The Air Force argues that the decision of the district court should be affirmed because the granting or denial of a preliminary injunction calls for the exercise of judicial discretion and is not to be disturbed on appeal except on a finding of abuse. We recognize the general validity of that argument but reject its applicability to this case. The district court considered the matter on the basis of all available evidence. There is no reasonable likelihood that further evidence would be adduced at a full trial on the merits. It reviewed the EIS, the background studies, the transcripts of the Senate and public hearings, and all affidavits submitted by both the proponents and the opponents of the relocations and closure. Moreover, when the district court denied the request for a preliminary injunction, the Air Force proceeded immediately with the approved plan. It is readily apparent that our decision in the matter will, for all practical purposes, end the case. Indeed, the plaintiffs conceded at oral argument that further litigation would not be undertaken if relief were denied them by this court. We, therefore, consider this case as if it is an appeal of a denial on the merits. See Youngstown Sheet & Tube Co. v. Sawyer, 343 U.S. 579, 584-85 (1952); Natural Resources Defense Council, Inc. v. Morton, 458 F.2d 827, 832 [2 ELR 20029] (D.C. Cir. 1972).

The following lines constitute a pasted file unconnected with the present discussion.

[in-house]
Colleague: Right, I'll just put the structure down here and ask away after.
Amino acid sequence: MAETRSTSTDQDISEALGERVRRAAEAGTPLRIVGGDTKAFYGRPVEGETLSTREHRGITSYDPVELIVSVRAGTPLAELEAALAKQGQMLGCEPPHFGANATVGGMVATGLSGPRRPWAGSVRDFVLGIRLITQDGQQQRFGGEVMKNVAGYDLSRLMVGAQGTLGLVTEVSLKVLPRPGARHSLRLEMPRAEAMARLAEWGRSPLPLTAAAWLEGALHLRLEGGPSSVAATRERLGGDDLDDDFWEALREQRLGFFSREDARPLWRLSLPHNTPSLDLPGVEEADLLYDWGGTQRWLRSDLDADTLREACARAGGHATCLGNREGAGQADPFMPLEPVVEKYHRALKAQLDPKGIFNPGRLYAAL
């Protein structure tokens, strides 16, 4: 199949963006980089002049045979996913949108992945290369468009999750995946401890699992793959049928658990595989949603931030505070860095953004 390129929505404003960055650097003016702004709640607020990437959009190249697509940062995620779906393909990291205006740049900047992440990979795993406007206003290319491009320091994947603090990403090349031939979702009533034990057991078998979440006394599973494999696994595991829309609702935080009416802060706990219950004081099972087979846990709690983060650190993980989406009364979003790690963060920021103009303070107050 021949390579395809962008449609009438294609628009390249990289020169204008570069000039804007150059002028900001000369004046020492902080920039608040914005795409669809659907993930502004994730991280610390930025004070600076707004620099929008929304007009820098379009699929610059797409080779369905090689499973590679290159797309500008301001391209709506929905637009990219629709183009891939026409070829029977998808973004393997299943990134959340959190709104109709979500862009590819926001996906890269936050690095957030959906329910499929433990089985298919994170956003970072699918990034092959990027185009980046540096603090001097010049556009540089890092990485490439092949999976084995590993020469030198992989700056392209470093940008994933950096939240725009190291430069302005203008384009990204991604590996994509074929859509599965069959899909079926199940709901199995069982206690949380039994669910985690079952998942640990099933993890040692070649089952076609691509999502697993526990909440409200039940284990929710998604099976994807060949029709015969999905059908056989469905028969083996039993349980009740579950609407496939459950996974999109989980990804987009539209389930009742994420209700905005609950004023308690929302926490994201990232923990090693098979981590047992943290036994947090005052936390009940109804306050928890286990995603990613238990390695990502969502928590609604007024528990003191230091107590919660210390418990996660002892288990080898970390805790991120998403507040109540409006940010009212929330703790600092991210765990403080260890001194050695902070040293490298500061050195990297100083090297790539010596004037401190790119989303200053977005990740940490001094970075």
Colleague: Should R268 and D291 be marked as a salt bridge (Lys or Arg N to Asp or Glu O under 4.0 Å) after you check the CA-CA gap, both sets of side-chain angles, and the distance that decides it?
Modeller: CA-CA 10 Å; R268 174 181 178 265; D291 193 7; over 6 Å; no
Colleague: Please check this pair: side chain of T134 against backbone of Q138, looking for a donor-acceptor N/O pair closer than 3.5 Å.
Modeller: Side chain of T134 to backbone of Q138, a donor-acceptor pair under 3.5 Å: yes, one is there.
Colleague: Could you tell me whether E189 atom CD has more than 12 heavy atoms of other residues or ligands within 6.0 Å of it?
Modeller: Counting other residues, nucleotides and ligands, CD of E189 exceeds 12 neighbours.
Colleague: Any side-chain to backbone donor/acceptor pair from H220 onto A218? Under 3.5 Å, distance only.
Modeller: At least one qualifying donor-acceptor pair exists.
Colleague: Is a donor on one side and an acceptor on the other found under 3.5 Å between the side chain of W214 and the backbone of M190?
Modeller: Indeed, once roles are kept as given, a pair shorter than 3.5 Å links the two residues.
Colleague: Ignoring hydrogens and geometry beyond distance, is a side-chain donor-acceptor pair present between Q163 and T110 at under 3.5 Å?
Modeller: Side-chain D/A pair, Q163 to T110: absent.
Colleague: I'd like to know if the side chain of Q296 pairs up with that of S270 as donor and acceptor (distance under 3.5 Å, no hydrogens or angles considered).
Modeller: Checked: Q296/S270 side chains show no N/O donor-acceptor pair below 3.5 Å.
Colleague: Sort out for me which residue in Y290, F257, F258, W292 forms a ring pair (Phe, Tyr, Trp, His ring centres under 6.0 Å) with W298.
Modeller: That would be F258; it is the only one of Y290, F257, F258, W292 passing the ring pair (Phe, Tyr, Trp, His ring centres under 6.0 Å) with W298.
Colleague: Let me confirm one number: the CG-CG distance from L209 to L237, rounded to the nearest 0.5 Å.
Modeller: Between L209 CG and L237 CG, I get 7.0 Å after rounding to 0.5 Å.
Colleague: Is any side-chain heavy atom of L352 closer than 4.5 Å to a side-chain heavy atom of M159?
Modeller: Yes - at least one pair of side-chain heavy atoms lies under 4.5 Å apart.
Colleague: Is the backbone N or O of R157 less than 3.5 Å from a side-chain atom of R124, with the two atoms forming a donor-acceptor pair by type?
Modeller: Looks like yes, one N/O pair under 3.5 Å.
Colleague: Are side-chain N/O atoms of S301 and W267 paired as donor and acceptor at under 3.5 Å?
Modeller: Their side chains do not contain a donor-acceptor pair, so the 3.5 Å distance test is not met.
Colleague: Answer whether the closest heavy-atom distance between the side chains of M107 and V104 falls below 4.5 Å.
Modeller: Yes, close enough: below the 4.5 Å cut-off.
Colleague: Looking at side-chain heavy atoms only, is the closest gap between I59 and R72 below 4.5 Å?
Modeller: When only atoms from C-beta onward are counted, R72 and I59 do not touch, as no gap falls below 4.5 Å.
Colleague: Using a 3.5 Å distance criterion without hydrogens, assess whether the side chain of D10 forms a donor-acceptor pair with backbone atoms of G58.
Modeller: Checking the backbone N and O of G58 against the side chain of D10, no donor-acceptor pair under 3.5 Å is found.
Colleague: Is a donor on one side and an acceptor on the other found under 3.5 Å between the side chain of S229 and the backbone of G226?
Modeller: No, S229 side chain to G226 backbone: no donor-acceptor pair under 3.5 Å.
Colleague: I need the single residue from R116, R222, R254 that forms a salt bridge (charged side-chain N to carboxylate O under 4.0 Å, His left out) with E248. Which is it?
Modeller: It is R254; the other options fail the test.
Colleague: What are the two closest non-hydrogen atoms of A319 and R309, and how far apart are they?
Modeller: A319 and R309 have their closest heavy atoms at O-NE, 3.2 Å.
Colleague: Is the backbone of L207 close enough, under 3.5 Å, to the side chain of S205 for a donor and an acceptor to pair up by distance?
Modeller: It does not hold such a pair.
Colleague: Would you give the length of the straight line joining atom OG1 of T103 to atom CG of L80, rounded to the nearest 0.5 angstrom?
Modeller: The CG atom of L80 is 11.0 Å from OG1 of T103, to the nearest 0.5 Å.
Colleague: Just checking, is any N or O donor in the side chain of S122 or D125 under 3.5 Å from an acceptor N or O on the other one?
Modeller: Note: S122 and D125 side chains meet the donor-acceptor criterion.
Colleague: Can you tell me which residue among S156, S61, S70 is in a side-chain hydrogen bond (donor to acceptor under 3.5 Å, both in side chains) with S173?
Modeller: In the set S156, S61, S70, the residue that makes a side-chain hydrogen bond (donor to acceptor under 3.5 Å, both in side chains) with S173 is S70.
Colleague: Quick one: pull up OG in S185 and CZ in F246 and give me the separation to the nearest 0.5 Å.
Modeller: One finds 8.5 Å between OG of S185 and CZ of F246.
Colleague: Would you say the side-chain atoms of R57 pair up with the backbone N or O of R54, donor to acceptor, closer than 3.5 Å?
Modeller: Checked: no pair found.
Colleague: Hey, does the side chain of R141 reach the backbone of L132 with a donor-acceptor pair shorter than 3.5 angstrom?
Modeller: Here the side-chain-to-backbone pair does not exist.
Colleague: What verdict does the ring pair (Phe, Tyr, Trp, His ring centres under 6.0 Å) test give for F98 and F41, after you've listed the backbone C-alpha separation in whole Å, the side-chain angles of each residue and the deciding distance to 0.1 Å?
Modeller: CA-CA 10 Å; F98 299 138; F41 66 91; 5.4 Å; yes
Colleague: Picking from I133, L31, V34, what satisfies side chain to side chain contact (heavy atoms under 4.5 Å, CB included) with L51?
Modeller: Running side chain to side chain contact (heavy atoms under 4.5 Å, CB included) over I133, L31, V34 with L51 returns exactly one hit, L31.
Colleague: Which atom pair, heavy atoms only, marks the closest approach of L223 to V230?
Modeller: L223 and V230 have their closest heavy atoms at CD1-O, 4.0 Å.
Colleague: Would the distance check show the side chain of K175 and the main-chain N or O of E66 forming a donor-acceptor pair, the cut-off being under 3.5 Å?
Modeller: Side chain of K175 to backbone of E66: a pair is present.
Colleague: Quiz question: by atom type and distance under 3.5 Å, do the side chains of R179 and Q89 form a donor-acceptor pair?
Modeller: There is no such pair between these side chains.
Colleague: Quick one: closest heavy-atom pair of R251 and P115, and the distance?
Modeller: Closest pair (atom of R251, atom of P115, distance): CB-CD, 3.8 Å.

II. Applicability of NEPA
NEPA was enacted in 1970. The Department of Defense is not excepted from the requirements of the Act, Committee for Nuclear Responsibility v. Schlesinger, 404 U.S. 917 [1 ELR 20534] (1971); Concerned About Trident v. Rumsfeld, 555 F.2d 817, 822 [6 ELR 20787] (D.C. Cir. 1977), and, recognizing this fact has adopted rules and regulations to ensure compliance with NEPA by its subordinates, including the Air Force. 32 C.F.R. § 214.1 et seq.3
NEPA is specifically applicable to this relocation because it will directly and substantially affect the physical and economic environments of two major urban centers. It will directly affect the lives of more than 10,000 persons and indirectly affect the lives of thousands more. See Concerned About Trident v. Rumsfeld, supra; City of Rochester v. United States Postal Service, 541 F.2d 967 [6 ELR 20723] (2d Cir. 1976). Each of the following goals which Congress sought to attain through the enactment of NEPA will be affected by the proposed action.
[To] assure for all Americans safe, healthful, productive, and esthetically and culturally pleasing surroundings;
[To] preserve important historic, cultural, and natural aspects of our national heritage, and maintain, wherever possible, an environment which supports diversity and variety of individual choice;
[To] achieve a balance between population and resource use which will permit high standards of living and a wide sharing of life's amenities. . . .
42 U.S.C. § 4331(b)(2), (4), (5).
The district court was, therefore, clearly right when it held that the Air Force had to comply with NEPA before it could implement its proposal and the Air Force was wise in not appealing from that decision of the district court. McDowell v. Schlesinger, 404 F. Supp. 221 [6 ELR 20224] (W.D. Mo. 1975).
III. Adequacy of the EIS
We initially determine whether the EIS, prepared by the Air Force, complied with the procedural requirements of NEPA.4 The plaintiffs contend that it did not because it failed to adequately discuss feasible alternatives and failed to adequately consider the housing impacts of the proposed action.